The patient is a 70 year old male who was diagnosed with Kappa free light chain multiple myeloma. He was initially seen after he had a fall in the woods and underwent imaging which showed multiple lytic lesions and blood work showing monoclonal proteins and thrombocytopenia. He was found to have a lesion on his right scapula for which he received radiation. Bone marrow biopsy was performed which showed 60% plasma cells. To date he has completed radiation therapy, 5 cycles of chemotherapy, and is in the process of collecting stem cells for autologous stem cell transplant. Routine fungal culture of the stem cell collection grew a single tan white dry appearing colony on potato flake agar. A Gram stain of the organism revealed gram positive cocci mixed with filamentous structures.
Based on the colony morphology and Gram stain results the organism was suspected to be in the Streptomyces genus. Identification with MALDI-TOF was attempted and did not yield a result as this bacteria is not in the data base.
Streptomyces is a genus of gram positive aerobic saprophytic bacteria that grows in various environments, and has a filamentous form similar to fungi (1). The morphologic differentiation of Streptomyces involves identification of complex multicellular architecture with germinating spores that form hyphae, and multinuclear aerial mycelium, which forms septa at regular intervals, creating a chain of uninucleated spores (2,3). They are able to metabolize many different compounds including sugars, alcohols, amino acids, and aromatic compounds by producing extracellular hydrolytic enzymes (helping with degradation of organic matter). Their metabolic diversity is due to their extremely large genome which has hundreds of transcription factors that control gene expression, allowing them to respond to specific needs (3).
Streptomyces is also considered to be one of the most medically important bacteria because of its ability to produce bioactive secondary metabolites. These metabolites are used in the creation of antifungals, antivirals, antitumoral, anti-hypertensives, and many antibiotics and immunosuppressives. They are responsible for 2/3 of all the worlds naturally occurring antibiotics (1).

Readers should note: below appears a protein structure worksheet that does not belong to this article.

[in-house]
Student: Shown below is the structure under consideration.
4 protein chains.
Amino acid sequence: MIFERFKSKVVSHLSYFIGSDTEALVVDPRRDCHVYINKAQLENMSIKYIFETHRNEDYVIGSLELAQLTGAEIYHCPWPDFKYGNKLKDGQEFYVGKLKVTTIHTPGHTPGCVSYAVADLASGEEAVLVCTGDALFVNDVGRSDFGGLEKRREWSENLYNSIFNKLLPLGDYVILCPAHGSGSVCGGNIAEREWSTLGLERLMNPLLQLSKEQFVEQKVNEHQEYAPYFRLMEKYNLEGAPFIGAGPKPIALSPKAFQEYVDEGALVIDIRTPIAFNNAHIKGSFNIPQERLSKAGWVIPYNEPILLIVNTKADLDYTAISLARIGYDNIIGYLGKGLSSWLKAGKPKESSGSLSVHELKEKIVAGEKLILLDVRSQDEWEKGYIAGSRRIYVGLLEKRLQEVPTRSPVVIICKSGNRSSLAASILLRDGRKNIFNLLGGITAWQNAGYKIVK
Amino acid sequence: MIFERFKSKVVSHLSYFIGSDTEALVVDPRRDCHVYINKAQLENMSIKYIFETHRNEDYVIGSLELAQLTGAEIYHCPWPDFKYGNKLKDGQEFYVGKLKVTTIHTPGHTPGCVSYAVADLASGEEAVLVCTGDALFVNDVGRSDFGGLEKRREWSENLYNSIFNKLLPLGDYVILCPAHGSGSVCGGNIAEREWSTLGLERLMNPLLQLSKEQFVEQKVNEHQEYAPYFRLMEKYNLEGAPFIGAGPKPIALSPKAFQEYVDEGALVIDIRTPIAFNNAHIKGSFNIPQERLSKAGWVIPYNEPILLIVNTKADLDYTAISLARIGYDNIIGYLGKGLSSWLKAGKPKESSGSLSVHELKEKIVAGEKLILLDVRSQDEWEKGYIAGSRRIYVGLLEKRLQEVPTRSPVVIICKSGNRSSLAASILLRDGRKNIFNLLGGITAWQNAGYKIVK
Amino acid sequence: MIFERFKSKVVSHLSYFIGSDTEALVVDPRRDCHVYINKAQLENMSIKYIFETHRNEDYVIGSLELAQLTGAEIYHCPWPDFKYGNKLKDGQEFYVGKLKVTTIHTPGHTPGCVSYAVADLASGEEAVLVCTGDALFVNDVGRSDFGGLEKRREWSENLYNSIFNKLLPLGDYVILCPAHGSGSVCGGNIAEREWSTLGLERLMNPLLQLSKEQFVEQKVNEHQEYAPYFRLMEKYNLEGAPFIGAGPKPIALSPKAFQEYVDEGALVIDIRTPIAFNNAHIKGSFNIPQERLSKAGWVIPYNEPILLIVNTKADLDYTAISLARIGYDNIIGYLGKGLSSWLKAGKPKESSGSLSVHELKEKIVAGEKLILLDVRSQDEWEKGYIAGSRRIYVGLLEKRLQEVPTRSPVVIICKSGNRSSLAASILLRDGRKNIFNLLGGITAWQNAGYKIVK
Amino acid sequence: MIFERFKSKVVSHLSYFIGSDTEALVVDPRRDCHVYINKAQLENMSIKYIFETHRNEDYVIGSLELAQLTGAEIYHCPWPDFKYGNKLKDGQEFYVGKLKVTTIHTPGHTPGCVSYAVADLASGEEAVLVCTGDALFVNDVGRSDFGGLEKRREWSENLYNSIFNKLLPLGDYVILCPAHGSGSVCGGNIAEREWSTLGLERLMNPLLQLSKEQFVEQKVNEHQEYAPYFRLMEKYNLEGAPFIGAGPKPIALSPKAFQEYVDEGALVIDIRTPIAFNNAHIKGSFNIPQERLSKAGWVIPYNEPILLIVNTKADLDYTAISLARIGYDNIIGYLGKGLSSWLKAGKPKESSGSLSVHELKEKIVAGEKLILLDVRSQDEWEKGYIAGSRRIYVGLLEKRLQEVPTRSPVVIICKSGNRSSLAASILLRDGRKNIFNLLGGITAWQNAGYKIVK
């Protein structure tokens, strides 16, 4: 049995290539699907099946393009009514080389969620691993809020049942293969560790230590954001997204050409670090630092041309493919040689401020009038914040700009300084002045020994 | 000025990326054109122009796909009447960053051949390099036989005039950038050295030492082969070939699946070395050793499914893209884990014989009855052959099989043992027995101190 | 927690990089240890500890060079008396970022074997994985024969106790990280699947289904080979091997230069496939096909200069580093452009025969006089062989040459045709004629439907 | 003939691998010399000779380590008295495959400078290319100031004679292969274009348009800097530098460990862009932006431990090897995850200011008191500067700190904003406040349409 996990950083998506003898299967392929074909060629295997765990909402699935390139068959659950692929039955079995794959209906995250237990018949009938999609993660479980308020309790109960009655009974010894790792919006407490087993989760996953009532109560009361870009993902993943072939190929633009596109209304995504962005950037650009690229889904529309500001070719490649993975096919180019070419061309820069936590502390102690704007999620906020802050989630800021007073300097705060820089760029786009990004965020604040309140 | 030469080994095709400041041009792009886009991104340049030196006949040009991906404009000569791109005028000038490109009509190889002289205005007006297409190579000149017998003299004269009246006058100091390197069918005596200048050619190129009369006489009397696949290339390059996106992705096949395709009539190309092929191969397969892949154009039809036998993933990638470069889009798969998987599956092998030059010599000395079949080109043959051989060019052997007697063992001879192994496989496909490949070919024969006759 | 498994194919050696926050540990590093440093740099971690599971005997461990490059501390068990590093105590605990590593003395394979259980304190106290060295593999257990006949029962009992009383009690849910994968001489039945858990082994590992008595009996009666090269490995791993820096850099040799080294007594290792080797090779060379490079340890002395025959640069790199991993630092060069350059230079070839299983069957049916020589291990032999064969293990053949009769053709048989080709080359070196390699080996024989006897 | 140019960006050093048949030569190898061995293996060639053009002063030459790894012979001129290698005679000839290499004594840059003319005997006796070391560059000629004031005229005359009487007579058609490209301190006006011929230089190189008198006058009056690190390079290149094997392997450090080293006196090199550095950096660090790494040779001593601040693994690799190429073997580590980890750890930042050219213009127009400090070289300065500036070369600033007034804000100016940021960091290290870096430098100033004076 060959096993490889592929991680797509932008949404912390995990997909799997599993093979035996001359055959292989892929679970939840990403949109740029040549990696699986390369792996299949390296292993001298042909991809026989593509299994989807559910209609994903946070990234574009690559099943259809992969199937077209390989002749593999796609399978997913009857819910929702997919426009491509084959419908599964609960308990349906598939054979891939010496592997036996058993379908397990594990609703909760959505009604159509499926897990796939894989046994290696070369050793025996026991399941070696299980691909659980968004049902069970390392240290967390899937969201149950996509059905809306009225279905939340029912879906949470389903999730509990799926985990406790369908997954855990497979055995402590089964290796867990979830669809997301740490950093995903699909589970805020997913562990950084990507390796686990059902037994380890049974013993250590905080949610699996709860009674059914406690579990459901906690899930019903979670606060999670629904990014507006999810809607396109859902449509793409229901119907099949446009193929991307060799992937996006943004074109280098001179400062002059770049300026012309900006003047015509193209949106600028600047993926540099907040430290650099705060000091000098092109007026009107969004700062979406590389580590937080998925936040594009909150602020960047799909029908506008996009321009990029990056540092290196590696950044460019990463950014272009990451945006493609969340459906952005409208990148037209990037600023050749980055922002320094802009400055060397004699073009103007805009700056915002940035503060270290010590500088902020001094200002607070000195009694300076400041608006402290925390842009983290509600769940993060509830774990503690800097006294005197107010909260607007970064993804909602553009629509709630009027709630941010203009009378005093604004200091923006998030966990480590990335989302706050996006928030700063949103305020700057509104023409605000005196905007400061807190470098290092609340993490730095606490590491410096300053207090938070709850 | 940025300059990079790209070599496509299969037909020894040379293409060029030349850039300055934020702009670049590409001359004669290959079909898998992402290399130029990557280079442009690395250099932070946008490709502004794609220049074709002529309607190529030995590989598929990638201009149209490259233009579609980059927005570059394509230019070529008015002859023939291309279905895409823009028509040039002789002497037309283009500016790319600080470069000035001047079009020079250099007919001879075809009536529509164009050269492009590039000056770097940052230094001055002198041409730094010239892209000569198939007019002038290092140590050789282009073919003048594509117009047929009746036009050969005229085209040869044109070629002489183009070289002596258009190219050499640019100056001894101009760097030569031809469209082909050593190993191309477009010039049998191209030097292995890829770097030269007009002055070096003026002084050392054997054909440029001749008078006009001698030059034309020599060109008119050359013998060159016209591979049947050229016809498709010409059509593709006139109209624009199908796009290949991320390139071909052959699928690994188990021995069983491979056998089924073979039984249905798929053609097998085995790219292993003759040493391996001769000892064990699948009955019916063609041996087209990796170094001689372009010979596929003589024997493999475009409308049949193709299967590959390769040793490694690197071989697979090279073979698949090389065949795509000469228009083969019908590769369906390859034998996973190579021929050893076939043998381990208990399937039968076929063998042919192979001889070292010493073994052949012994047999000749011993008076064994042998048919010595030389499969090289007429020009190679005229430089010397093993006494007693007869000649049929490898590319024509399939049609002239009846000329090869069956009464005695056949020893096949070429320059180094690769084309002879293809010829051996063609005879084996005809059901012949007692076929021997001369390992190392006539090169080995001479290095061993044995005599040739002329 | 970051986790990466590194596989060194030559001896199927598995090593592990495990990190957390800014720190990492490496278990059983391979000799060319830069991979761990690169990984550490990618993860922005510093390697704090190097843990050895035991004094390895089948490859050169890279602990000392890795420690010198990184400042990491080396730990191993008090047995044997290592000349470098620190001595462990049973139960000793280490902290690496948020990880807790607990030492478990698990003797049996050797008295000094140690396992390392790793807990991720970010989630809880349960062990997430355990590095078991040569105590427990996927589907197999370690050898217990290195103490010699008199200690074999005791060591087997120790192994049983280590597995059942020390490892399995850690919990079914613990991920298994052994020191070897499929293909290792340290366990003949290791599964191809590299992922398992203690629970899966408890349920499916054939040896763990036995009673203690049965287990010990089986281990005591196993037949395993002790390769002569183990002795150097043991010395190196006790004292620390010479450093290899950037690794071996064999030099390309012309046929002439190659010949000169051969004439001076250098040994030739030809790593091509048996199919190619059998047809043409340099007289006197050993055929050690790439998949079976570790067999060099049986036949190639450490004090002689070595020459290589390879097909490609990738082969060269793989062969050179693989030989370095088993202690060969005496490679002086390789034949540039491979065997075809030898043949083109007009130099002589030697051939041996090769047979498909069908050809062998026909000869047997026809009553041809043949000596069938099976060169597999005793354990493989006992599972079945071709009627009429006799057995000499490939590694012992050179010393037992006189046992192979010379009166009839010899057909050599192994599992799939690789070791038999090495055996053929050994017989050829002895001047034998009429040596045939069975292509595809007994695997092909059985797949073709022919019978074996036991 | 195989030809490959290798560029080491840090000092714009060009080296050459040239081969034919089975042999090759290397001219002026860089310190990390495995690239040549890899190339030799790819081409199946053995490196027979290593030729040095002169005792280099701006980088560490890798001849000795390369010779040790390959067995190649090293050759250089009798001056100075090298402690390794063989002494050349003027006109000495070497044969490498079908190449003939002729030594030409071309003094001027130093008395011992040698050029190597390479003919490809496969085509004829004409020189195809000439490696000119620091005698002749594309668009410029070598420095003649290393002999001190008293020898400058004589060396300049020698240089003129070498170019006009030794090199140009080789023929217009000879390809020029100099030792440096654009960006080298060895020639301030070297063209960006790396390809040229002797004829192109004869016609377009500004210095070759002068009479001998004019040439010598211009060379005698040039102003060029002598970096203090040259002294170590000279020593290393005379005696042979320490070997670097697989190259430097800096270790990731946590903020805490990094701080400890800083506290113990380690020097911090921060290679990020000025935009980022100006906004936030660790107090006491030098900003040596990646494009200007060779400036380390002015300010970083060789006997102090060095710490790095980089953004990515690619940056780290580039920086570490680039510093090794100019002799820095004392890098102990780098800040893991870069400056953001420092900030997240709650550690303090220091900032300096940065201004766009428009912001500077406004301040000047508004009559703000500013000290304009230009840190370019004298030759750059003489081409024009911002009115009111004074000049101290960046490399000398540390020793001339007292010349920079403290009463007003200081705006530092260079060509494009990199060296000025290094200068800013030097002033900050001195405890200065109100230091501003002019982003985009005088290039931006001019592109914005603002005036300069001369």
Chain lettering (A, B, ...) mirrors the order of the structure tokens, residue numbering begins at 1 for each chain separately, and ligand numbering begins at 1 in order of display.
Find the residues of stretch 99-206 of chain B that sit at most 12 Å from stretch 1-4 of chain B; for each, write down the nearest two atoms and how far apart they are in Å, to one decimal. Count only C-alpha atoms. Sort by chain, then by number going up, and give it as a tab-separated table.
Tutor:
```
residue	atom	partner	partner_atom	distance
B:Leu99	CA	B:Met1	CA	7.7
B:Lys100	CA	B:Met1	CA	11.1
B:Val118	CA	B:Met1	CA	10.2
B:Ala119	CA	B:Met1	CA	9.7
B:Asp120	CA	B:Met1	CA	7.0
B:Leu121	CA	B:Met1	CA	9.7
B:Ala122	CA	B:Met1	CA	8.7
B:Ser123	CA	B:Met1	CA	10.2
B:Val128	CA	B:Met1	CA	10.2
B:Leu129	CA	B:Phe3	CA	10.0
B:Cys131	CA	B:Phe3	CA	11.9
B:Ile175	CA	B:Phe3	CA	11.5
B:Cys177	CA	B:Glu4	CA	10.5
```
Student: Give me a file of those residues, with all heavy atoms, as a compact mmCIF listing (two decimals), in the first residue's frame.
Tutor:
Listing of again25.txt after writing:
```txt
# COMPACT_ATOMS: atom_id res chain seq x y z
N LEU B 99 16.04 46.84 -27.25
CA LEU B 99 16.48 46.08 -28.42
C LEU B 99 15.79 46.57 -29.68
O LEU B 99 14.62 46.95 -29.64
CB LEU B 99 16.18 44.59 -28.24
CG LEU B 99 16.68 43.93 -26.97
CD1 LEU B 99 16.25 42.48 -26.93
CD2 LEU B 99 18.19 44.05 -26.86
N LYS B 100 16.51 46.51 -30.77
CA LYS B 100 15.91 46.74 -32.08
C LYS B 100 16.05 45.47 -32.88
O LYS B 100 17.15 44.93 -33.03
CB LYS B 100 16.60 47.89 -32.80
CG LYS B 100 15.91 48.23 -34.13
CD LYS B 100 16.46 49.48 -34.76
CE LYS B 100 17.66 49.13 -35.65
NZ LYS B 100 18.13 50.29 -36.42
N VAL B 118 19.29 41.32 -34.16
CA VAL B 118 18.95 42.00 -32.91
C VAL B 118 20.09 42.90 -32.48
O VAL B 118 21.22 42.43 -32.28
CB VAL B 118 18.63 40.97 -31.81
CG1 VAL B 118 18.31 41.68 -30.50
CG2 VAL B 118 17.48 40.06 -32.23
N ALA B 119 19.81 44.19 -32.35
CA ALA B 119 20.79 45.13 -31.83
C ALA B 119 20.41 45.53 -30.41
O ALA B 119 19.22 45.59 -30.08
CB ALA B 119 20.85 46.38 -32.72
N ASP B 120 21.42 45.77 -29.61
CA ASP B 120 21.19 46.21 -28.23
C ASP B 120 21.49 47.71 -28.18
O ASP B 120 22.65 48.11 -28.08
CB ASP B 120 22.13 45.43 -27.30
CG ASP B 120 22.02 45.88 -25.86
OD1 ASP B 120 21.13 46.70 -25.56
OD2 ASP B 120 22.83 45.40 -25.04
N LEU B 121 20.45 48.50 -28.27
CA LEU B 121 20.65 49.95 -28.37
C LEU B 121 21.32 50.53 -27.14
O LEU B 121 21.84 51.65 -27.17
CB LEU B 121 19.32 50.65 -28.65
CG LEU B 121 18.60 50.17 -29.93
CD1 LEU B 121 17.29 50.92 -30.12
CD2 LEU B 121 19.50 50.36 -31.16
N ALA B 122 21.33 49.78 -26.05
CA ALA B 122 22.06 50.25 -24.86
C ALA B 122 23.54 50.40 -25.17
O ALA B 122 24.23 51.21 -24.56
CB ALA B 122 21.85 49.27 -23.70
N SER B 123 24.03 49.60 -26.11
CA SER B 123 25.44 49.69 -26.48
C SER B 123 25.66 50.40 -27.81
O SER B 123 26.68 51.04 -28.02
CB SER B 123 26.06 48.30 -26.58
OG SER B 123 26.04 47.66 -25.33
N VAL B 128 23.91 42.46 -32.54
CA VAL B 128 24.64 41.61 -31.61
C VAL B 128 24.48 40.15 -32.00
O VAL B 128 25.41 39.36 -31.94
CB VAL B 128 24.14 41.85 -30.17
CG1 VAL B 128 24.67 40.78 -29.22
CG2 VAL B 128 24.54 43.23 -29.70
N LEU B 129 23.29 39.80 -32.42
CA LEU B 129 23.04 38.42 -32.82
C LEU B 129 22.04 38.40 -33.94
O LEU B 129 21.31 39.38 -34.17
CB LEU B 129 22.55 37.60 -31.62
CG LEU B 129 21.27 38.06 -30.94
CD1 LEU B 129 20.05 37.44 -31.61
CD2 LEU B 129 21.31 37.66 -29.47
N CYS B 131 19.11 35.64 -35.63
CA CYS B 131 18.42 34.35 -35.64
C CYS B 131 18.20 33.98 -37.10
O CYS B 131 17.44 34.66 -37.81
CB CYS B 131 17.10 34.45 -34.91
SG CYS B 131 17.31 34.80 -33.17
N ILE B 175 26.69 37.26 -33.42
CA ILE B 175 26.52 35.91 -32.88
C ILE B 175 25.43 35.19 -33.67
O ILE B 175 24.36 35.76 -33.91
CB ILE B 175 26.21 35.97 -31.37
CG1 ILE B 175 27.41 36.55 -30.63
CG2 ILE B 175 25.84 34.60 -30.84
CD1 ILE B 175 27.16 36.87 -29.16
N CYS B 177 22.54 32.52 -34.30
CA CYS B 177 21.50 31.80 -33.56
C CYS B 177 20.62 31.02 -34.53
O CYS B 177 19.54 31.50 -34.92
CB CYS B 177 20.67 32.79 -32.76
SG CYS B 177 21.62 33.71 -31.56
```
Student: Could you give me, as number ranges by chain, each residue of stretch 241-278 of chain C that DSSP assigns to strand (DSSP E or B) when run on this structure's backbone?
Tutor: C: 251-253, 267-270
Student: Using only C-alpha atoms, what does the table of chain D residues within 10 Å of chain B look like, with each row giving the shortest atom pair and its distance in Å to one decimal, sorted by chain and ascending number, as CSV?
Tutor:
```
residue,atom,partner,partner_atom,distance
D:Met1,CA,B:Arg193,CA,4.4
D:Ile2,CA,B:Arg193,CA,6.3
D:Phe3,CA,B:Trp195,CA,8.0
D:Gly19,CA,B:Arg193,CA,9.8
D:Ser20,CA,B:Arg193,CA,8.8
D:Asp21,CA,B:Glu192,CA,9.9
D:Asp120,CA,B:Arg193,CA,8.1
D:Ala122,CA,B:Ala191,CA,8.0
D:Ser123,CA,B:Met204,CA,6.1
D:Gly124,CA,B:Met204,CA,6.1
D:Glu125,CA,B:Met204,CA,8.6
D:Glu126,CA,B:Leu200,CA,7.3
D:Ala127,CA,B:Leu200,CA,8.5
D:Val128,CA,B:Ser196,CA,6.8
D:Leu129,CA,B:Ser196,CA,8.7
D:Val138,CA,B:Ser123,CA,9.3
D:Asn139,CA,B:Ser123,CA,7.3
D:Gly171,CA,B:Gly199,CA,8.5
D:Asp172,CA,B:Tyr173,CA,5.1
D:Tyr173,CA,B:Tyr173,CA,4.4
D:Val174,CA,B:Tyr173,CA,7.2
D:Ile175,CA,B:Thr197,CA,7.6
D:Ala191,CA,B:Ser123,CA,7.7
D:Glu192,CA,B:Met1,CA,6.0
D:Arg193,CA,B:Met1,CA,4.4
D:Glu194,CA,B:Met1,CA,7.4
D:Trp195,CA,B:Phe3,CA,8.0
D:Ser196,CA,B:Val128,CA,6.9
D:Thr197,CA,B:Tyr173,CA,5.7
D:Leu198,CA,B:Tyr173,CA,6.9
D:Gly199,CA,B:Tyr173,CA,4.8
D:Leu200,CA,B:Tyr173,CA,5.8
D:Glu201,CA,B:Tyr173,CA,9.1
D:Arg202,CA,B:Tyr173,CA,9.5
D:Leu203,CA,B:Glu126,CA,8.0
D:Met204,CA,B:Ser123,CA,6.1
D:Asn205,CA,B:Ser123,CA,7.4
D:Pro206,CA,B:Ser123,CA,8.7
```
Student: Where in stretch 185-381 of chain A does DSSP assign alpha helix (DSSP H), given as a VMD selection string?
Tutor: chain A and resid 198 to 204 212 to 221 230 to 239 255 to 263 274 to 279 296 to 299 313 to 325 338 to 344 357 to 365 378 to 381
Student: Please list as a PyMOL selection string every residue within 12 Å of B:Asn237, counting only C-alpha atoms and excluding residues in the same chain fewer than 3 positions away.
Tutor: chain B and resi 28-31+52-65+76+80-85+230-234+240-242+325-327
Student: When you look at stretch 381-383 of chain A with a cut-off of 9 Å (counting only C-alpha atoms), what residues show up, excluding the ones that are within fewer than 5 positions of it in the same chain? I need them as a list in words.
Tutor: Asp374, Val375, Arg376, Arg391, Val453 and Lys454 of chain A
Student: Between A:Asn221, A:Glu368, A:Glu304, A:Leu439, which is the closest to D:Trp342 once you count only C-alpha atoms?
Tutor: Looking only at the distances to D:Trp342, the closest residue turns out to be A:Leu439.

Streptomyces is usually considered a laboratory contaminant though they can cause infections in immunocompromised patients and are chiefly responsible for granulomatous lesions in skin also known as actinomycotic mycetomas (1,2). Invasive pulmonary disease has been seen in HIV patients, splenectomized patients with sarcoid, and rarely in immunocompetent hosts (1). More rare presentations include brain abscesses can be seen in patients with cerebral trauma, peritoneal infections have been shown to occur in patients undergoing multiple pericenteses, and bacteremia in patients with indwelling catheters (1). Infection with Streptomyces is not common so susceptibility data is limited. Available data shows that organisms were consistently susceptible to amikacin; frequently susceptible to imipenem, clarithromycin or erythromycin, minocycline, and trimethoprim-sulfamethoxazole; and infrequently susceptible to ciprofloxacin and ampicillin (4).
Our patient had not received the stem cell unit that this grew from, so another aliquot was requested. The second aliquot did not grow any organisms, so the Streptomyces was considered a contaminant.
- Procop, Gary W., et al. Konemans Color Atlas and Textbook of Diagnostic Microbiology. 7th ed., Wolters Kluwer Health, 2017.
- Tille, Patricia M. Bailey & Scotts Diagnostic Microbiology. 13th ed., Elsevier, 2014.
- Chater KF. Recent advances in understanding Streptomyces. F1000Res. 2016;5:2795. Published 2016 Nov 30. doi:10.12688/f1000research.9534.1
- Mona Kapadia, Kenneth V.I. Rolston, Xiang Y. Han, Invasive Streptomyces Infections: Six Cases and Literature Review, American Journal of Clinical Pathology, Volume 127, Issue 4, April 2007, Pages 619–624, https://doi.org/10.1309/QJEBXP0BCGR54L15
-Casey Rankins, DO, is a 3rd year Anatomic and Clinical Pathology resident at the University of Vermont Medical Center.
-Christi Wojewoda, MD, is the Director of Clinical Microbiology at the University of Vermont Medical Center and an Associate Professor at the University of Vermont.